Text: Julie Schwietert Collazo
Photos: Francisco Collazo
Yes, the program has taken (or is that “is taking”) longer to fully roll out
Self-portrait after my first ride.
than planned. True, the bikes are heavy
. No, there still
aren’t bikes in my neighborhood. And yes, the inevitable lawsuits
have already begun to be filed. Overall, though, I’m loving the Citi Bike,
and that’s especially nice because I didn’t expect to.
When I first heard that a massive, city-wide bike share program was finally coming to New York, I was thrilled. After all, my former home, Mexico City, had had a bike share program in place for several years before New York even started getting serious about the possibility of such a program.
But then, as I started reading about the logistics of the NYC bike share program, sponsored by CitiBank, I was a lot less jazzed. The pricing and use plans simply didn’t make sense to me. While it was great that I wouldn’t have to store a bike in my tiny apartment, what was the advantage of riding a bike if the dock was farther away from my apartment than the nearest subway station? Why would I want a bike only for an hour? How, exactly, did the pricing really work? And would I really be bold enough to brave riding alongside crazed drivers?
It wasn’t until my friend Nancy, who I’d never even known to have been on a bike, explained the program’s logistics to me that I was convinced CitiBike was worth signing up for. You pay $95 a year to have unlimited access to bikes, which you pick up and then drop off at docking stations around the city. You don’t have to worry about bike locks because the docks are practically everywhere… at least in Manhattan. You use the bike for short trips, errands, and powerhouse cycling workouts (the latter is my plan, anyway) and if you need a bike for longer than the allotted hour you’re given, you simply dock that bike and take out another.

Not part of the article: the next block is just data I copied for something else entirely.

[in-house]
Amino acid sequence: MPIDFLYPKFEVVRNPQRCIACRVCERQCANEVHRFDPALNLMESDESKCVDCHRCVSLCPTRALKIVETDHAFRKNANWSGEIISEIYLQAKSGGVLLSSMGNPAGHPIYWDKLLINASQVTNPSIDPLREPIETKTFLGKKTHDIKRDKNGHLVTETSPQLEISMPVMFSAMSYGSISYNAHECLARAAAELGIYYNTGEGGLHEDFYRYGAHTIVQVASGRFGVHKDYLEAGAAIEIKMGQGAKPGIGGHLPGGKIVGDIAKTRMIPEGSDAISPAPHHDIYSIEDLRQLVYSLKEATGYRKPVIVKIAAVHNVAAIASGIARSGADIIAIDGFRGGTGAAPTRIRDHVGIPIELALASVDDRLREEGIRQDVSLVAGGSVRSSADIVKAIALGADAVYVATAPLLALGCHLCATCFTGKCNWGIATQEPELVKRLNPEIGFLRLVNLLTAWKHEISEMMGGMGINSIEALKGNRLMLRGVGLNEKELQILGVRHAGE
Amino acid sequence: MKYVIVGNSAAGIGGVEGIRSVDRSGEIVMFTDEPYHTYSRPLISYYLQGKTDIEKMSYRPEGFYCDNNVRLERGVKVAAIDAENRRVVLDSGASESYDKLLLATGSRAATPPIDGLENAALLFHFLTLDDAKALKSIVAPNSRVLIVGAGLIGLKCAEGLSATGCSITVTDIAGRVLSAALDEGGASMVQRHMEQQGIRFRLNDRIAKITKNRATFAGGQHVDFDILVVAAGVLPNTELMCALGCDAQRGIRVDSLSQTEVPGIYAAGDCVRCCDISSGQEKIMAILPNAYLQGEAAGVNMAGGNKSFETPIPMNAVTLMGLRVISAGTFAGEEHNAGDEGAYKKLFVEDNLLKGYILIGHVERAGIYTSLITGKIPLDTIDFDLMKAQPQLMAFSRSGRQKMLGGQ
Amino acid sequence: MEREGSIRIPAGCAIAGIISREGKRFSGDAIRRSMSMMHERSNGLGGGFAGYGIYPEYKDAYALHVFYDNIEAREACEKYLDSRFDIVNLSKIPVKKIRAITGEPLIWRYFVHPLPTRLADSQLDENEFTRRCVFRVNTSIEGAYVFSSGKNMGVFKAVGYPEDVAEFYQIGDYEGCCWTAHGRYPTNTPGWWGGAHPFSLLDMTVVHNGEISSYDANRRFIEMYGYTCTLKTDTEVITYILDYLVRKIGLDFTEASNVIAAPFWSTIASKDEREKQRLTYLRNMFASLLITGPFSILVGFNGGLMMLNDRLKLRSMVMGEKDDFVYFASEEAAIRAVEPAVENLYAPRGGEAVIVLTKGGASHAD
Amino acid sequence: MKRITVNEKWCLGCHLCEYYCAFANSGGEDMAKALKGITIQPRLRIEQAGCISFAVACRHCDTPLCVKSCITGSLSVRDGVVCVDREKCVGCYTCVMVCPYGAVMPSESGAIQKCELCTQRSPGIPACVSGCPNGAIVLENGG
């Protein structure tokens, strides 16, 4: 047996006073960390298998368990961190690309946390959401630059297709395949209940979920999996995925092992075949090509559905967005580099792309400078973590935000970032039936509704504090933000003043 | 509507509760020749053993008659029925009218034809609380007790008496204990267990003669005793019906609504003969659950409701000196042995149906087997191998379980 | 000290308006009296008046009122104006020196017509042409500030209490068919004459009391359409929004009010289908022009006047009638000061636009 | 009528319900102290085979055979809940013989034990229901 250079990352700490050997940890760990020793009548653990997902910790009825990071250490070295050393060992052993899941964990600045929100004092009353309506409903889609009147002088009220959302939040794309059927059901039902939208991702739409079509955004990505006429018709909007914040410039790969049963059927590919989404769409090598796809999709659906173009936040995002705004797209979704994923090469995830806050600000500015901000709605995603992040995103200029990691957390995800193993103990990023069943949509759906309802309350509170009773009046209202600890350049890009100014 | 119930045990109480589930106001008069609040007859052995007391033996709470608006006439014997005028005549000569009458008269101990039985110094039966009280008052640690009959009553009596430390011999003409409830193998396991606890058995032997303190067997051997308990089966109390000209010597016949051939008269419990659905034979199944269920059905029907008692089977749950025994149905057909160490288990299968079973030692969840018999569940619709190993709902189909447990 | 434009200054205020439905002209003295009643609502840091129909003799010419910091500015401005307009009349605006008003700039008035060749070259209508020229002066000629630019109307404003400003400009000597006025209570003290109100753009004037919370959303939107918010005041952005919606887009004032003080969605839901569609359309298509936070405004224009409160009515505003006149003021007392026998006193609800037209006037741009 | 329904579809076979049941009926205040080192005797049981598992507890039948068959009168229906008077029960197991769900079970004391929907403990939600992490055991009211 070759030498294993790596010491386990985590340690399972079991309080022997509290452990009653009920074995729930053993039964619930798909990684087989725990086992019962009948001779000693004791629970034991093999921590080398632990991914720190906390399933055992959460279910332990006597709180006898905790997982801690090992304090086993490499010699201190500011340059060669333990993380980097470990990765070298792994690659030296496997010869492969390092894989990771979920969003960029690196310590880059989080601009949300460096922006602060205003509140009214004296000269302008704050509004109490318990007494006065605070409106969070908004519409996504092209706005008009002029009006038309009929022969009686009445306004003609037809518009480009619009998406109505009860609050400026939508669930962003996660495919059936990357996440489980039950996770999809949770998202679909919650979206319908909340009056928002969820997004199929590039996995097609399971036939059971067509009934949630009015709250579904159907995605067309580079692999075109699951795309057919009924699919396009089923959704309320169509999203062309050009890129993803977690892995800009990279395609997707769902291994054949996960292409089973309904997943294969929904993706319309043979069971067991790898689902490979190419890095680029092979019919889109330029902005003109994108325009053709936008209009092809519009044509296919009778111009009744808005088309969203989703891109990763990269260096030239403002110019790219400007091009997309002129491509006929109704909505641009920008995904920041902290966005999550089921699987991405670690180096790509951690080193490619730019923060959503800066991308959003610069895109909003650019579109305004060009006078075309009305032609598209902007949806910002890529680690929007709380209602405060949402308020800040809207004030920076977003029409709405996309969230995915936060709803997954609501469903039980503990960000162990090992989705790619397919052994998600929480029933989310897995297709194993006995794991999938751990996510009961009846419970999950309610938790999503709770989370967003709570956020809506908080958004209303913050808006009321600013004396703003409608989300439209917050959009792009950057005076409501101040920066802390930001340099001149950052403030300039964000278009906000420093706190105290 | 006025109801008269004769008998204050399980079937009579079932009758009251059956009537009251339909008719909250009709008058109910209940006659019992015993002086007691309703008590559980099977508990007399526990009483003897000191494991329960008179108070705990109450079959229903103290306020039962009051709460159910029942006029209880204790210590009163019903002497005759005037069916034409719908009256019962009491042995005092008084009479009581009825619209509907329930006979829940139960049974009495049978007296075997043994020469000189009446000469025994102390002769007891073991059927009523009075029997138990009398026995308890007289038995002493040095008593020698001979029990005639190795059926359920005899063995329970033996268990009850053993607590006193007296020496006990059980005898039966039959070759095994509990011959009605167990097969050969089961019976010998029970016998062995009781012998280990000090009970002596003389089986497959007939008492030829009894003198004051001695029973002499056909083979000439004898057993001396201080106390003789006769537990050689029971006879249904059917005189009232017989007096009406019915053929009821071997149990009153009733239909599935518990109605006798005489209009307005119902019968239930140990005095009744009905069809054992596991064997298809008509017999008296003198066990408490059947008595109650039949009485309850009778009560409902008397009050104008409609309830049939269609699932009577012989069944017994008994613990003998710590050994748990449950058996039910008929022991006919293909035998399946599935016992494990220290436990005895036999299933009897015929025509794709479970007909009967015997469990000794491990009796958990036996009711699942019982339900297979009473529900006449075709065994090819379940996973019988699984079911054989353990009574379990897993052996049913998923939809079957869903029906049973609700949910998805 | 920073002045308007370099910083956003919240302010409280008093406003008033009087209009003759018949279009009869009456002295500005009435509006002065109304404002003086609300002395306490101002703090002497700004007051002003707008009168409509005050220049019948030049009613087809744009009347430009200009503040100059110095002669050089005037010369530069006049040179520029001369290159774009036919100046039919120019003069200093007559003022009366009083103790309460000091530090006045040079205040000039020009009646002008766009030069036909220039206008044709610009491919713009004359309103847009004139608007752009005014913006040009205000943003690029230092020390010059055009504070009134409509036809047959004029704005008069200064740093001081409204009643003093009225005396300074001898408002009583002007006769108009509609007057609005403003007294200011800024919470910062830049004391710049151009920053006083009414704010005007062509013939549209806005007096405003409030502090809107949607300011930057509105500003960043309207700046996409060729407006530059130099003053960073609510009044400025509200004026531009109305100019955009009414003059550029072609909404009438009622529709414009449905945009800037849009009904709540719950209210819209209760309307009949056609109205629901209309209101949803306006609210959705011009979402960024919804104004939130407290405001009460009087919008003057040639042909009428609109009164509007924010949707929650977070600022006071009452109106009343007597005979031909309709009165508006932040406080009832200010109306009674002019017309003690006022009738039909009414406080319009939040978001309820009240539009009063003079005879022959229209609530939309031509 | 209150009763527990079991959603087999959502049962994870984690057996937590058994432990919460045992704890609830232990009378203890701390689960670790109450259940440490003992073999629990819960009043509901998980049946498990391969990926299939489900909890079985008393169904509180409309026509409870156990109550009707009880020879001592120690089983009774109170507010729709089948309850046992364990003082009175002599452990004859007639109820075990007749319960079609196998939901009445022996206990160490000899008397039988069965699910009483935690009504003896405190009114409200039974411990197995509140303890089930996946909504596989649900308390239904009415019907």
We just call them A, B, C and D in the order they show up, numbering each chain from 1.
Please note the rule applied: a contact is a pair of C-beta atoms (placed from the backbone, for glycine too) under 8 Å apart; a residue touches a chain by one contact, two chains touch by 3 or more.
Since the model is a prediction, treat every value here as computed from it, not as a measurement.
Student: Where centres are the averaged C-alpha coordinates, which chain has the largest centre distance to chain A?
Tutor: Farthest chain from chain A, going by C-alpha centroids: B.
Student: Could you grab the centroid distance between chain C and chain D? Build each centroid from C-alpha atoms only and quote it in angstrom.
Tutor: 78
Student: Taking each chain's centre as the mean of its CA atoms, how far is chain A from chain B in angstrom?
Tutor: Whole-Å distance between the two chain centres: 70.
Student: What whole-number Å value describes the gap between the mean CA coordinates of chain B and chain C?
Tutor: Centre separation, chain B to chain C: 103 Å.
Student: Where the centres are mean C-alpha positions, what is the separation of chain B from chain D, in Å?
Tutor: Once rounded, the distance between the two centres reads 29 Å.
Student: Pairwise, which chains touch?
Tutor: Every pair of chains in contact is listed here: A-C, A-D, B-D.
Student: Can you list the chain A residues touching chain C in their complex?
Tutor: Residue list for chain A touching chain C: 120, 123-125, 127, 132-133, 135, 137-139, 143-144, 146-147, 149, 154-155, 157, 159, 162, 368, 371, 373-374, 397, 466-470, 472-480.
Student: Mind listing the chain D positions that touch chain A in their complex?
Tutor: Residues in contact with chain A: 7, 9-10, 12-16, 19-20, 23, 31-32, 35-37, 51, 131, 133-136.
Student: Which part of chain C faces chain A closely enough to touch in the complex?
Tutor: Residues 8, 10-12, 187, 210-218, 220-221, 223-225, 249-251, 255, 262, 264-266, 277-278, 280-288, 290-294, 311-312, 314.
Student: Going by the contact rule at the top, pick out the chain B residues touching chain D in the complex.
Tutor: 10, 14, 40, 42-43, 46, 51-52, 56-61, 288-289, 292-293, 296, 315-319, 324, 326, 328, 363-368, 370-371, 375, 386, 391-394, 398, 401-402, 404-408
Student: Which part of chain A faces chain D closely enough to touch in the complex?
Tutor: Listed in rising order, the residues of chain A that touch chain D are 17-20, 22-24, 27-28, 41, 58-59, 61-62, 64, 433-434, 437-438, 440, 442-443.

New Yorkers contemplate the Citi Bike.
Francisco and I signed up and share a key. So far, he uses the bike more often than I do, but my virgin trip down 2nd Avenue during the UN General Assembly a couple weeks ago was thrilling (except for the last push uphill, when I finally had to admit to myself, panting, that I wasn’t yet in shape enough for some routes). I’m not confident enough to go sailing down busier avenues–yes, the city has bike lanes, but plenty of drivers don’t respect them–so for now, at least, most of my cycling is restricted to the Hudson River’s Waterfront Greenway.
Staff unloads CitiBikes at a dock on 8th Avenue.
The bike share program has a long way to go. For one thing, most of us who live in the “outer” boroughs don’t yet have docks in our neighborhoods, so we’re still dependent on the subway or bus to get us into Manhattan before we can use a bike. For another, there are no family-friendly bike options. If you want to ride with your kid, well, you can’t. I suspect that’s for liability reasons and, equally likely, space considerations; the docking stations are already squeezed into tight spots, so the extra equipment that would allow a parent to haul a little one in a strap on seat or in a trailer just isn’t feasible. But I suspect these issues will get ironed out in due time. For now, I’m pretty pleased with the program and can’t wait until it arrives in our neighborhood.